Sunday, January 20, 2008

EDM #197: Draw a Remote

There has been some discussion about growing artistically through participation in the Everyday Matters Group. I can wholeheartedly attest to this phenomenon.
One of the latest challenge is to draw a remote. Just to illustrate the artistic progress that I personally see that I have made since joining in on the EDM challenges, I am posting this drawing of a TV remote that I did back in May 2007-the month and year I started this blog. (I didn't post it earlier because-in my naivete-I didn't think it was much of anything.)
It is one of the first drawings I did after reading Danny Gregory book: Creative License. Even though I had always thought of myself as a creative person, I hadn't really deliberately drawn much of anything prior to this. So, I guess I'm saying that-to me-there has been a rewarding progression in my own work-looking at this drawing and what I have drawn since, spurred on by my participation in, thanks to all.

Now a year and a half later, however, I am in the equivalent of "writer's block". I look at the recent drawings I have completed (which I am very happy with) and I think to myself: "who did these?..."I don't have any recollection of doing any of these strokes or choosing those colors". It is an odd paradox to be experiencing, to be looking at my own drawings and feeling like they are the vestiges of some kind of 'creative wave' I caught at particular times but that-now-the 'wind' has subsided and the shoreline has receded...and how can one conjure or pursue something that seems to originate outside of oneself to begin with?
Don't get me wrong. I realize the potency of conundrums like this...and so be it if my drawing production level is on a slow burn. I know the key is to put oneself on the path through practice and to be willing to relearn everything with a beginner's mind...and to just outright claim one's talent; but...damn.
...just waxing about the artistic process, fellow artist.

(Originally posted Nov. 08, 2008)

Nonetheless, it hasn't been a total desert. I did do this 2 minute blind contour drawing of EDM #14: Draw the First Thing You See When You Wake Up in the Morning!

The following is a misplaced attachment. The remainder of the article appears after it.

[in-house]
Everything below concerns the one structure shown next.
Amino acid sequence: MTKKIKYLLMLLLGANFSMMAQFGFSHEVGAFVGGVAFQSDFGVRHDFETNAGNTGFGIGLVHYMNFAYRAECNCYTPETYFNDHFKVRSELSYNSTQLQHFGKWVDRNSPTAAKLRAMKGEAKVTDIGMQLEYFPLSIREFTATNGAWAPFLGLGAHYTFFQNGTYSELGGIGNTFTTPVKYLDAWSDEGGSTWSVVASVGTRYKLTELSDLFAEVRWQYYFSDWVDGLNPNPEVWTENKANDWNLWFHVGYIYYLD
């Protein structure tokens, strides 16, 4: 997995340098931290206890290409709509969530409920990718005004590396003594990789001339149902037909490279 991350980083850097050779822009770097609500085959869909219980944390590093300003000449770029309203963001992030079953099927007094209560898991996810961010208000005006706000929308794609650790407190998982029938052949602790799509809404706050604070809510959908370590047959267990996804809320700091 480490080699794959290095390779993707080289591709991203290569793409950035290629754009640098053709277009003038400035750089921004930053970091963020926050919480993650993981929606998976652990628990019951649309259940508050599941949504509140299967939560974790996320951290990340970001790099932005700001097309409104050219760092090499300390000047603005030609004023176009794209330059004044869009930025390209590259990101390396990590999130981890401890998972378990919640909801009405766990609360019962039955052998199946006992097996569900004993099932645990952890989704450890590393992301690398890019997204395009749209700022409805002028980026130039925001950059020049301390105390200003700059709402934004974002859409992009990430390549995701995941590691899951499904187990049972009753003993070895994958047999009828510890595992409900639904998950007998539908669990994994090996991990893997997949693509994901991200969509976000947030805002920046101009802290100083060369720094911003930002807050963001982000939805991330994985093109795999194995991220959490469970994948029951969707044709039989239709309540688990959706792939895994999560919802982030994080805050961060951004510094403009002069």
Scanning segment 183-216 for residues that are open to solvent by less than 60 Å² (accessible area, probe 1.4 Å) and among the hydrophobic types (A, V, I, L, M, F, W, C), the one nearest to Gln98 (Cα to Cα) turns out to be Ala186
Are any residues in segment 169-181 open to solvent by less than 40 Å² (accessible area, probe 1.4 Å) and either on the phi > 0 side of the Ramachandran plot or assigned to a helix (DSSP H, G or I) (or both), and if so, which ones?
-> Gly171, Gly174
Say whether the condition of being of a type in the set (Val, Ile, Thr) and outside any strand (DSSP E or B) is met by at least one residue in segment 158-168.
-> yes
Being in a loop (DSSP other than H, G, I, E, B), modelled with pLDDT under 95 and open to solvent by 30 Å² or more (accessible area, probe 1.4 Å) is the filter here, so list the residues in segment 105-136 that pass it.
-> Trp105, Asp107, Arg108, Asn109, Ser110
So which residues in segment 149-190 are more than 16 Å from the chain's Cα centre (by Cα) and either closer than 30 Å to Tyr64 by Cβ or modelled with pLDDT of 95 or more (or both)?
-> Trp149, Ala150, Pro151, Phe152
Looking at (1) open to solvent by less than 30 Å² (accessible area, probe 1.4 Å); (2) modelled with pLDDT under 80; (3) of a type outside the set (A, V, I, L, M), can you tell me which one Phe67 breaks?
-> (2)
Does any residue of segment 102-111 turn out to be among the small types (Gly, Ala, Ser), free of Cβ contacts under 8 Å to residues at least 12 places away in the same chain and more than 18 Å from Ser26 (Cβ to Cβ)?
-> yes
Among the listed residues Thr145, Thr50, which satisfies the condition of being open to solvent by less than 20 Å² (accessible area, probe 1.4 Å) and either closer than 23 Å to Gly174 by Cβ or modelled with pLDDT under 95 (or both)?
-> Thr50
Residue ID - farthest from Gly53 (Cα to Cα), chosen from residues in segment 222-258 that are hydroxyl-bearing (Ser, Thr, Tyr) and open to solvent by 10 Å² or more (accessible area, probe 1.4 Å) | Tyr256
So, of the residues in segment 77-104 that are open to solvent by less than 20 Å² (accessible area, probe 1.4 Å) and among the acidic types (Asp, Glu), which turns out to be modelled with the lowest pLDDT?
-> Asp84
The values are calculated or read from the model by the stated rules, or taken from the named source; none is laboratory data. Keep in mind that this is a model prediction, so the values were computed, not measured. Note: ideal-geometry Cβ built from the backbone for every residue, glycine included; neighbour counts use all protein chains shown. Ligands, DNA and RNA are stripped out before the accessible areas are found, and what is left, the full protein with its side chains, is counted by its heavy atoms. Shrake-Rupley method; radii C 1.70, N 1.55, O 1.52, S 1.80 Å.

...yeah, right.


Werner said...

Rock, I think this is very specific to drawing - every once in a while you need to stop for a few days - or more - to take a distance from what you've done until that point. To digest what you've produced, to pause for a moment, to forget, and to decide which direction to go next.
I always compared the difference between drawing and - for example - oil painting, to the difference between running and driving a car. It's more physical (also for the mind!), you need to stop and breathe more often.
Such breaks are necessary - and always beneficial - for the drawings that follow.

freebird said...

Your remote isn't bad but in comparison to your store picture, I can see how you've grown. Hope I do to.

To help with the block, the best remedy I have come across and tried and found to work too is:
Sit down and work for 10 minutes. Just do it!

I was surprised to find that although I didn't feel like drawing, or have anything I wanted to draw, when I sat down and started drawing something, anything, with the idea of just 10 minutes I found myself getting into it and enjoying myself again. Hope this helps you.

Alison said...

Your drawing has certainly become more sophisticated - maybe you need to harness it in some sort of ongoing project or goal which can build in momentum to carry one through dry spots.

mlenife said...

Being blocked is tough. Freebird has the right idea. Make an appointment with yourself, sit down with your paper, tools, and a kitchen timer. Set it for ten minutes and wait.
If you can sit for 10 minutes with your drawing tools, you have succeeded. Reward yourself with a jelly bean.
Try it again tomorrow.
If you find yourself doodling, that counts as drawing.
If you draw an EDM challenge, that counts towards the 10 minutes.
The trick is to have small successes.
If you hand out for more then 10 minutes, drawing, don't be too hard on yourself. just come back to it tomorrow.
When you have consistently spent 10 minutes a day drawing, increase the time by five minutes.
And remember the jelly bean. I know that it sounds silly, but a small physical reward will bring you back tomorrow. Jelly bean, mint, something intensely sweet. Only it must be small (Not a whole bag of M&M's).
You have talent, that is obvious. Just give it a little time to grow.

Sarah Ketelaars said...

it's very encouraging for a beginner like me to see how your style and skill have grown. The result of all that hard work (maybe time to take a moment to feel proud of yourself?)
As for the block - it's awful to go through but it won't last. try something new? new materials, subject, drawing at odd times, to random rules you've set etc. i find 50 drawings in 4 hours is an intense and fun way to blast through a block. Just get a couple of friends over, lots of materials and a pile of 50 sheets of paper, set the timer and you're off. You'll be amazed what you can come up with.
(this idea is from 'Experimental Drawing' by robert Kaupelis - a fab book.
You're work is lovely. keep it up!

kazumiwannabe said...

Your words have me thinking... I've just finished Julia Cameron's The Artist's Way and she explains this process wonderfully. Personnally I need to have a purpose to do things, so when I don't feel like drawing just for fun, I do it with a deadline, to give to someone for a special occasion, for example. So I feel obliged, but I still have fun in the process.
I love your drawings, and I sent you an award. You can pick it up on my blog if you feel like it. Hope you'll find your own motivation and produce more great drawings for us to admire!